As part of its pandemic-driven £1.2 billion solvent recapitalisation, Virgin Atlantic recently became the first company to use the UK government's new restructuring plan introduced in June 2020.
Let's look at why the court approved Virgin's restructuring plan, and what companies intending to use the new plan need to know before moving forward.
Why did the court approve the plan?
Fairness was a key feature in the court's deliberations to approve the plan; in this context fairness means the plan is one that "an intelligent and honest man could reasonably approve". The court felt this was the case with Virgin's plan, as:
- the plan formed part of a broader recapitalisation approved by a number Virgin's other stakeholders
- an overwhelming majority of creditors voted in favour of the plan, with almost 100% turnout at the meetings, and
- the plan offered creditors four times greater return compared to returns in administration.
Prior to Virgin's plan being approved, a dissenting trade creditor argued that Virgin could have "picked" or manipulated the composition of the classes of creditors in the plan, so that uncooperative creditors could be outvoted.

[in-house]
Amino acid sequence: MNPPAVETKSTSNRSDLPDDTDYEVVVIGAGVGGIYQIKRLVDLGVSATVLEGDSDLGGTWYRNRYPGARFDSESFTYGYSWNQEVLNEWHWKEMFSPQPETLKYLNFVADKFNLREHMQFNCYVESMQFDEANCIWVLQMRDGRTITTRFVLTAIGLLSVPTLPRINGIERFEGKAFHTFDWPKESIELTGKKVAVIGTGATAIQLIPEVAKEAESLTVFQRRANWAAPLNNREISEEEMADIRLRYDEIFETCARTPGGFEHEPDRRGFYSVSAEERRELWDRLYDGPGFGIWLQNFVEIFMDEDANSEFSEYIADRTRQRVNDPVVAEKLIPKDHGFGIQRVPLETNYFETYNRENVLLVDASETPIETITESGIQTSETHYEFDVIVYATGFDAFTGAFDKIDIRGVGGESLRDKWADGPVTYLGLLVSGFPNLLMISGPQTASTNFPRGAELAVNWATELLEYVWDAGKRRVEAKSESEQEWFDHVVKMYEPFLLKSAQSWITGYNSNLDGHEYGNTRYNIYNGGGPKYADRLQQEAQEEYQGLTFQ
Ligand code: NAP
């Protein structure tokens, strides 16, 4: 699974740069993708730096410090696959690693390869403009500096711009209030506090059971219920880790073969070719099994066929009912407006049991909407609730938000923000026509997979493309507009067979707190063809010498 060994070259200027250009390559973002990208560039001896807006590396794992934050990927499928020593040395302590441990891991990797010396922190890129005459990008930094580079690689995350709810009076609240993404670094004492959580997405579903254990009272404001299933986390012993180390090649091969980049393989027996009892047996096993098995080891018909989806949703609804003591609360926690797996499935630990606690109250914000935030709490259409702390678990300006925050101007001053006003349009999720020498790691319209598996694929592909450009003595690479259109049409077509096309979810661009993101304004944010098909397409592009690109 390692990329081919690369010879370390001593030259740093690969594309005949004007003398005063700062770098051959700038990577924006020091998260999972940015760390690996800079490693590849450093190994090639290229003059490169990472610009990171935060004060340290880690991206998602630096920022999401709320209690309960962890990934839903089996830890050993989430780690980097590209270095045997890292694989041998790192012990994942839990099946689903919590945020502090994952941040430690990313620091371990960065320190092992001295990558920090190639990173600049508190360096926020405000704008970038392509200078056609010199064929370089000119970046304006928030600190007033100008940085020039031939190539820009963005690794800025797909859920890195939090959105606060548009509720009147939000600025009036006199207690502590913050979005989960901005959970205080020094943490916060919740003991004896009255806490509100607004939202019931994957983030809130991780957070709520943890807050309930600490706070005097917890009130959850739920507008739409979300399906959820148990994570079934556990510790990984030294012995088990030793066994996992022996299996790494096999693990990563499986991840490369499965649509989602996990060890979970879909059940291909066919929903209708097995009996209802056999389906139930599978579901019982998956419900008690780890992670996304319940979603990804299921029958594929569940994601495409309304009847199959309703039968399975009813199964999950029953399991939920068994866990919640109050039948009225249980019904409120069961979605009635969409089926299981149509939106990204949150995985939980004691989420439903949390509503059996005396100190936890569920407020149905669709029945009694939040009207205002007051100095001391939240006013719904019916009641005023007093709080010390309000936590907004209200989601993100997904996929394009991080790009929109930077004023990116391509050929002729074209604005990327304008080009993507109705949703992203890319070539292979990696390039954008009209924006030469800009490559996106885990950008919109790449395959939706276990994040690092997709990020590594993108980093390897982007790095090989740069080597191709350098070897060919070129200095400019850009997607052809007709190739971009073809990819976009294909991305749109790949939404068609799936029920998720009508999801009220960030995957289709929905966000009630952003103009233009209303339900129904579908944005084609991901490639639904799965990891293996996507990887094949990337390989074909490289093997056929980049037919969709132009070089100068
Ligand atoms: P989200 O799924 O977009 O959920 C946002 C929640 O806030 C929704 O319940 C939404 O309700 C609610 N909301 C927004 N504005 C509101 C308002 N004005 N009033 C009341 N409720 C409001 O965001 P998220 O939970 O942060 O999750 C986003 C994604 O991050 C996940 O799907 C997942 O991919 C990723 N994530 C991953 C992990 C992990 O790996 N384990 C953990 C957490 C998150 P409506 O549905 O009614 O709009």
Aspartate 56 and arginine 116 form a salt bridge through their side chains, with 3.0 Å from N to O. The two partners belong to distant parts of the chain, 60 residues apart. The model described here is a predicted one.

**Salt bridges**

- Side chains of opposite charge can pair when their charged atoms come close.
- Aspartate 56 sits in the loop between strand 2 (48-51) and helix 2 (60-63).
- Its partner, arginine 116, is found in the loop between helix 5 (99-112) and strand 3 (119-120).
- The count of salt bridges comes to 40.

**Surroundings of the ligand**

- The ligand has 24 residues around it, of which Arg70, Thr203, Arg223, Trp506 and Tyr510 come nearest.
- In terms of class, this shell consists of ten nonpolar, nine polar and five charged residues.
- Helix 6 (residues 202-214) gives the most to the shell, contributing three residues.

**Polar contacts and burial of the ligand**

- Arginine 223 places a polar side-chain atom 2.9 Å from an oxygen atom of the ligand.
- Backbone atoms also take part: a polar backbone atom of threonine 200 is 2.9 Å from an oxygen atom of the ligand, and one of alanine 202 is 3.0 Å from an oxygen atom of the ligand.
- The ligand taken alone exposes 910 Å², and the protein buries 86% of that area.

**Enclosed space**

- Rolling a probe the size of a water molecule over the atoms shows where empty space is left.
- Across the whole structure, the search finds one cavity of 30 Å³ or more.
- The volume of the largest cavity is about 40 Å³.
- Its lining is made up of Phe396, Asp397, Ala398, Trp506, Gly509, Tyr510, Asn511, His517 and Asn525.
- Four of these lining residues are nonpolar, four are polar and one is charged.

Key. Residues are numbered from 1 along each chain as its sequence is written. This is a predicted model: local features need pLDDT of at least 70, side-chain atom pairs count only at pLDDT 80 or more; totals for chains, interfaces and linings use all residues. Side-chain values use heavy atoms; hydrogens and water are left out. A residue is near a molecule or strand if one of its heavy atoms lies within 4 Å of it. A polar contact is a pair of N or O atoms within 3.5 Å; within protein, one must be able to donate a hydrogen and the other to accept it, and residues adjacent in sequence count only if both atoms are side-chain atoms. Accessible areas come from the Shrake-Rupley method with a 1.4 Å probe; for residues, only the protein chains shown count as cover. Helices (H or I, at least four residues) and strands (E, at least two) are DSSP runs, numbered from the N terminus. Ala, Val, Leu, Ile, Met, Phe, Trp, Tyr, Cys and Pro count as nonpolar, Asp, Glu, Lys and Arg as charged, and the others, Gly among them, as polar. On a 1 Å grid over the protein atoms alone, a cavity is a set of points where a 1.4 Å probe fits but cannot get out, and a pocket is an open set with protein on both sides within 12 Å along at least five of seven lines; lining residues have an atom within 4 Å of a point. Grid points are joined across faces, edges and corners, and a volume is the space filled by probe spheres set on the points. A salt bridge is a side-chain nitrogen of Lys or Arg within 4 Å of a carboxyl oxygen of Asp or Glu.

Nevertheless, the court was satisfied that certain creditors were excluded for "respectable commercial reasons" – ie due to the logistical burden of reviewing contracts with 1,000 excluded trade creditors whose total claim would only amount to 0.02% of Virgin's debt.
Companies seeking to use the new restructuring plan should be aware that they must procure not only the approval of their creditors, but also the sanction of the court, which will necessarily consider fairness in exercising its discretion. Pizza Express is the second company to use the new restructuring plan and it remains to be seen whether a similar approach will be taken.